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Mass on air track (SHM)

  1. Nov 2, 2007 #1
    1. The problem statement, all variables and given/known data
    A 23.0 kg block at rest on a horizontal frictionless air track is connected to the wall via a spring. The equilibrium position of the mass is defined to be at x=0. Somebody pushes the mass to the position x= 0.350 m, then lets go. The mass undergoes simple harmonic motion with a period of 4.70 s. What is the position of the mass 3.760 s after the mass is released?
    Consider the same mass and spring discussed in the previous problem. What is the magnitude of the maximum acceleration the mass undergoes during its motion?
    2. Relevant equations

    x = Acos(wt)
    2piw = T

    3. The attempt at a solution

    first I plugged in the given T to find w to use in the first equation, but now I have two unknowns, A and t. I know it isn't .350 because that's the amplitude for the time of the period, the amplitude I should use should be less than that, but I have no idea how to find that. Any ideas of what I'm doing wrong?
  2. jcsd
  3. Nov 2, 2007 #2


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    Staff: Mentor

    0.35 m is the maximum amplitude, A, with respect to the reference position.

    Using x = A cos [itex]\omega[/itex]t, for t = 0, x(t=0) = A = 0.35 m.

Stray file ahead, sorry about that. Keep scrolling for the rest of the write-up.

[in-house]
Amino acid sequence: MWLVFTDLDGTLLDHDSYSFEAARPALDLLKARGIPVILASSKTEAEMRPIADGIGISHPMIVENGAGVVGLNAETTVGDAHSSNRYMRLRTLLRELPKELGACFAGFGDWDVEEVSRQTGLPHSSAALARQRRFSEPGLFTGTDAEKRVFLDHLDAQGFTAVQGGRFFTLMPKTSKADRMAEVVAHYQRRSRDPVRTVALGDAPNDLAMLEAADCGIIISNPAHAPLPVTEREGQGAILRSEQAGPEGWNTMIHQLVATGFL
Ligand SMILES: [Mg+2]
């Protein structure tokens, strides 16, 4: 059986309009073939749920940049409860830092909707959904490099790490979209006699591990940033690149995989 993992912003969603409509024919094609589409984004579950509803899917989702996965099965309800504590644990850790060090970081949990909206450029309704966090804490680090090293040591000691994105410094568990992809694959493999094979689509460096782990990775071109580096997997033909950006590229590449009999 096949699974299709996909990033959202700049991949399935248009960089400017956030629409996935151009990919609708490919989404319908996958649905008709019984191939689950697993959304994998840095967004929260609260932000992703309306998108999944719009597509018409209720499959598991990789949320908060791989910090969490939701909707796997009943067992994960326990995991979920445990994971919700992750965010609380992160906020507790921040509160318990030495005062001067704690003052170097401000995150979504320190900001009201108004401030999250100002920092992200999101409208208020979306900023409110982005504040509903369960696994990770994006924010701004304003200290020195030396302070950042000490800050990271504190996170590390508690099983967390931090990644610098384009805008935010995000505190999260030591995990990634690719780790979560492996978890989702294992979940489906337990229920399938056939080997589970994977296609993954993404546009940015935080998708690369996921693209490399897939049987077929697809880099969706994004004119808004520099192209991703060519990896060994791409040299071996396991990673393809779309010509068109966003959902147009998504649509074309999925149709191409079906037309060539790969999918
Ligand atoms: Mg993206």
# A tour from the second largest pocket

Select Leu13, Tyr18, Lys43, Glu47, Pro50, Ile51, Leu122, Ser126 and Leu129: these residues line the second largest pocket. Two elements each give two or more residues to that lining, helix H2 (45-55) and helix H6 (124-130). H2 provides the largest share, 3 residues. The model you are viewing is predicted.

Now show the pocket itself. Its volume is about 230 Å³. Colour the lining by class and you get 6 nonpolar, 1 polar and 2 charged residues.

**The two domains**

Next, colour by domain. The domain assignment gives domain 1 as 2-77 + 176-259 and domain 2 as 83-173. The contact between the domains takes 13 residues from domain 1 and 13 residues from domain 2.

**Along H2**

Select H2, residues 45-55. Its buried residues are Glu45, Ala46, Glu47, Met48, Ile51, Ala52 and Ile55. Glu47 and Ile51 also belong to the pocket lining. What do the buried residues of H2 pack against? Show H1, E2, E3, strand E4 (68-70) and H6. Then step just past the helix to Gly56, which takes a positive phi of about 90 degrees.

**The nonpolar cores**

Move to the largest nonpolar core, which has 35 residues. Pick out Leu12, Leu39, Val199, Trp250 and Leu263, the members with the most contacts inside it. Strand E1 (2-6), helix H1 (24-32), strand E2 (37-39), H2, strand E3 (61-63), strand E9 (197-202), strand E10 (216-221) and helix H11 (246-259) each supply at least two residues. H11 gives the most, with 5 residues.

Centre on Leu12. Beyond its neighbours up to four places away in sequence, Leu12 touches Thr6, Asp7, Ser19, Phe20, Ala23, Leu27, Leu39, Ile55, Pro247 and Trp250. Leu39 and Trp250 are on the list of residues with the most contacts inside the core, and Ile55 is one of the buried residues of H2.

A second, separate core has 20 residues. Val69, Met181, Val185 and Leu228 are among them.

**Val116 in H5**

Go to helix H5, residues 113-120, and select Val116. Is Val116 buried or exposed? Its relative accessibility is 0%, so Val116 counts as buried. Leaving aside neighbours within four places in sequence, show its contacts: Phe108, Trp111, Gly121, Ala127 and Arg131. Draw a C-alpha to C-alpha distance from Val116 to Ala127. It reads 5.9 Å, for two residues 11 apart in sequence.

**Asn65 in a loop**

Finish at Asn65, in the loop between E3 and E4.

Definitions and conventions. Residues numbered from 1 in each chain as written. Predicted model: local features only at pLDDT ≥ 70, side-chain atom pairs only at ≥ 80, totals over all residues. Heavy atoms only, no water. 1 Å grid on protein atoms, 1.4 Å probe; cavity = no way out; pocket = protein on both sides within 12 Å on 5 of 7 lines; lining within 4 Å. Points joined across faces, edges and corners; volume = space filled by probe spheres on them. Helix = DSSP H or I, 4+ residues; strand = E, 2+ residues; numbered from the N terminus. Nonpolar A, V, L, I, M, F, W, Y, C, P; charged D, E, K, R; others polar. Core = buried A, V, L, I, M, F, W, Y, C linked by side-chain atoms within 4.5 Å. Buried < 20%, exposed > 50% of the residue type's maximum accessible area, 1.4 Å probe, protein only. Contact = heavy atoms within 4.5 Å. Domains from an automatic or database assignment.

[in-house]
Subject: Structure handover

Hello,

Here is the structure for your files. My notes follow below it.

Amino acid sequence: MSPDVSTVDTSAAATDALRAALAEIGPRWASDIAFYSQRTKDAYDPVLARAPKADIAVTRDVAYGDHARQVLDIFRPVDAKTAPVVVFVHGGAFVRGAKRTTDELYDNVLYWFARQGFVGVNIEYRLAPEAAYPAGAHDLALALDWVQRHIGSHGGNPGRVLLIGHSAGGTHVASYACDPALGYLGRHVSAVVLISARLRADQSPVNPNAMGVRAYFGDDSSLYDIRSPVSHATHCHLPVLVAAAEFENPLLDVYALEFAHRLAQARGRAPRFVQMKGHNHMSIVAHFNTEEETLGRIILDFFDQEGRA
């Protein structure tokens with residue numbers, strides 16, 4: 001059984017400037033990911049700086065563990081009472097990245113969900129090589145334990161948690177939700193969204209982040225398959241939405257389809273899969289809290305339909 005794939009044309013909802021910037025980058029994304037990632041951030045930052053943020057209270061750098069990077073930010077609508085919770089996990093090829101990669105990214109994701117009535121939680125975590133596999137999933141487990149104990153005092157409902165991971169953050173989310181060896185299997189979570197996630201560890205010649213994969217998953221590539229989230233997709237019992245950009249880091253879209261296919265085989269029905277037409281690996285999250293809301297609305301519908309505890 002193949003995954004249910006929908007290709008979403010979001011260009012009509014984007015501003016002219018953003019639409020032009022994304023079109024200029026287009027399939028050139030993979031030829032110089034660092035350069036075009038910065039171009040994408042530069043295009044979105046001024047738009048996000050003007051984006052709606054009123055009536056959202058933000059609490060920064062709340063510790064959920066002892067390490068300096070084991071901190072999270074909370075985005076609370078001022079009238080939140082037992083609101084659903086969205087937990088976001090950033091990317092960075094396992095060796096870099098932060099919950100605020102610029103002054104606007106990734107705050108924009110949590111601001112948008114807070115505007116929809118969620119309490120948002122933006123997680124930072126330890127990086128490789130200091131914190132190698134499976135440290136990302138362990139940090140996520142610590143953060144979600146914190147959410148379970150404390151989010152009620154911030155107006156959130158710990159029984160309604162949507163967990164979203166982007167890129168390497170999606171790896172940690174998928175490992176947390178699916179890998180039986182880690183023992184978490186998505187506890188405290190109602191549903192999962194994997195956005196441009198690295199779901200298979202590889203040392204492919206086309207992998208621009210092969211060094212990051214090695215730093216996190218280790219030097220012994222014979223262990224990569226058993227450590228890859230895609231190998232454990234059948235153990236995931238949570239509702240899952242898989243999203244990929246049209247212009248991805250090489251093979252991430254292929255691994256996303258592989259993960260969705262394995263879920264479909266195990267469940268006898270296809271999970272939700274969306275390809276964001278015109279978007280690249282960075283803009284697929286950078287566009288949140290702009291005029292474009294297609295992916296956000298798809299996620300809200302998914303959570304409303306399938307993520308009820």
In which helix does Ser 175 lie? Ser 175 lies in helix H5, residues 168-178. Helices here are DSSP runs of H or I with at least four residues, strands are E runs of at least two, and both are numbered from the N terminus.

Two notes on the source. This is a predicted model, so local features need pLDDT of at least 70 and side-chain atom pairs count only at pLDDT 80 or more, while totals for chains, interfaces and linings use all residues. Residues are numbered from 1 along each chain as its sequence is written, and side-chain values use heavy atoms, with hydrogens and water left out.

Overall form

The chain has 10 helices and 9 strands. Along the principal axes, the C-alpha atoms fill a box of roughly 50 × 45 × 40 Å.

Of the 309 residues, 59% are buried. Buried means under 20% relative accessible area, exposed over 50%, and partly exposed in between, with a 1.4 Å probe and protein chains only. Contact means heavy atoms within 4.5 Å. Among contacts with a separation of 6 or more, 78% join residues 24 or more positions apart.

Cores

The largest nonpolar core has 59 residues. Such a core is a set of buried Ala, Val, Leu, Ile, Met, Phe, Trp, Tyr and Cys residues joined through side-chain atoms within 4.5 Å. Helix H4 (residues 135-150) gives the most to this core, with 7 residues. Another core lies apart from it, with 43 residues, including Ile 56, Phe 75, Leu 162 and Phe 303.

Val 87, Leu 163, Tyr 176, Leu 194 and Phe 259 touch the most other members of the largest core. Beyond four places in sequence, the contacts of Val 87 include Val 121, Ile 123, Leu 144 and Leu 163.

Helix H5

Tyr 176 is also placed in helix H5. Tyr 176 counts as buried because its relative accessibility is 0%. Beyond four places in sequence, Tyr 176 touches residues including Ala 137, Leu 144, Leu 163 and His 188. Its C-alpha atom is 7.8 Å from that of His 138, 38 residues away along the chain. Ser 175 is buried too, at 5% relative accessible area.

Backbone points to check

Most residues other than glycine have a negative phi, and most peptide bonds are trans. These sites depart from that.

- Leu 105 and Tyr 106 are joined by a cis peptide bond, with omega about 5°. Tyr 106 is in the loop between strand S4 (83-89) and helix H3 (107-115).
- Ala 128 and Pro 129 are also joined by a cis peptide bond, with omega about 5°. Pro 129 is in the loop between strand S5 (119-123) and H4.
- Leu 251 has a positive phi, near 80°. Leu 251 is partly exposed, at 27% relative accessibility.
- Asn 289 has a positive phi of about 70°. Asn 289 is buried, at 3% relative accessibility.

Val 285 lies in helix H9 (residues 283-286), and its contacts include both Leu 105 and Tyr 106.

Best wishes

4.70 s is the period T, and [itex]\omega=\frac{2\pi}{T}[/itex].

    So find the position at t = 3.760 s.
    Last edited: Nov 2, 2007
  4. Nov 2, 2007 #3
    I'm still not seeing what to do. I found omega for the period T to be 1.34 rad/s, and I get that .35 is the max amplitude, but I'm not seeing how that helps me find A at 3.76 s
  5. Nov 2, 2007 #4


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    Staff: Mentor

    Let's look at the equation x = A cos [itex]\omega[/itex]t,

    A = 0.35 m, [itex]\omega[/itex] = 1.34 rad/s, and we want to find x at t = 3.76 s

    x (t= 3.76 s) = 0.35 m cos (1.34 rad/s * 3.76 s), and remember that the argument of the cos is rad, not degrees.
  6. Nov 2, 2007 #5
    my calculator is in radian mode, I took .35 times cos(1.34*3.76), but I'm still not getting the right answer.
  7. Nov 2, 2007 #6
    anyone still willing to help me?
  8. Nov 2, 2007 #7
    please someone help!
  9. Nov 3, 2007 #8


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    Staff: Mentor

    Well the other part of this problem is where is the mass in terms of the phase (or phase angle) with respect to the periodic motion.

    At full deflection, in this case 0.35 m, the phase angle is [itex]\frac{\pi}{2}[/itex].

    The general form for simple harmonic motion is x = A sin ([itex]\omega[/itex]t + [itex]\theta[/itex]), where [itex]\omega[/itex] is the angular frequency and [itex]\theta[/itex] is the phase angle, and for [itex]\theta[/itex] = [itex]\frac{\pi}{2}[/itex], the form becomes

    x = A cos [itex]\omega[/itex]t, so at t = 0, x = A.

    The time of 3.76 s represents 0.8 of the period T = 4.70 s.

    So x (t = 3.76) = 0.35 m cos (2 pi * 0.8) = 0.35 m cos (1.6 pi) = 0.35 * 0.309 = 0.108 m.
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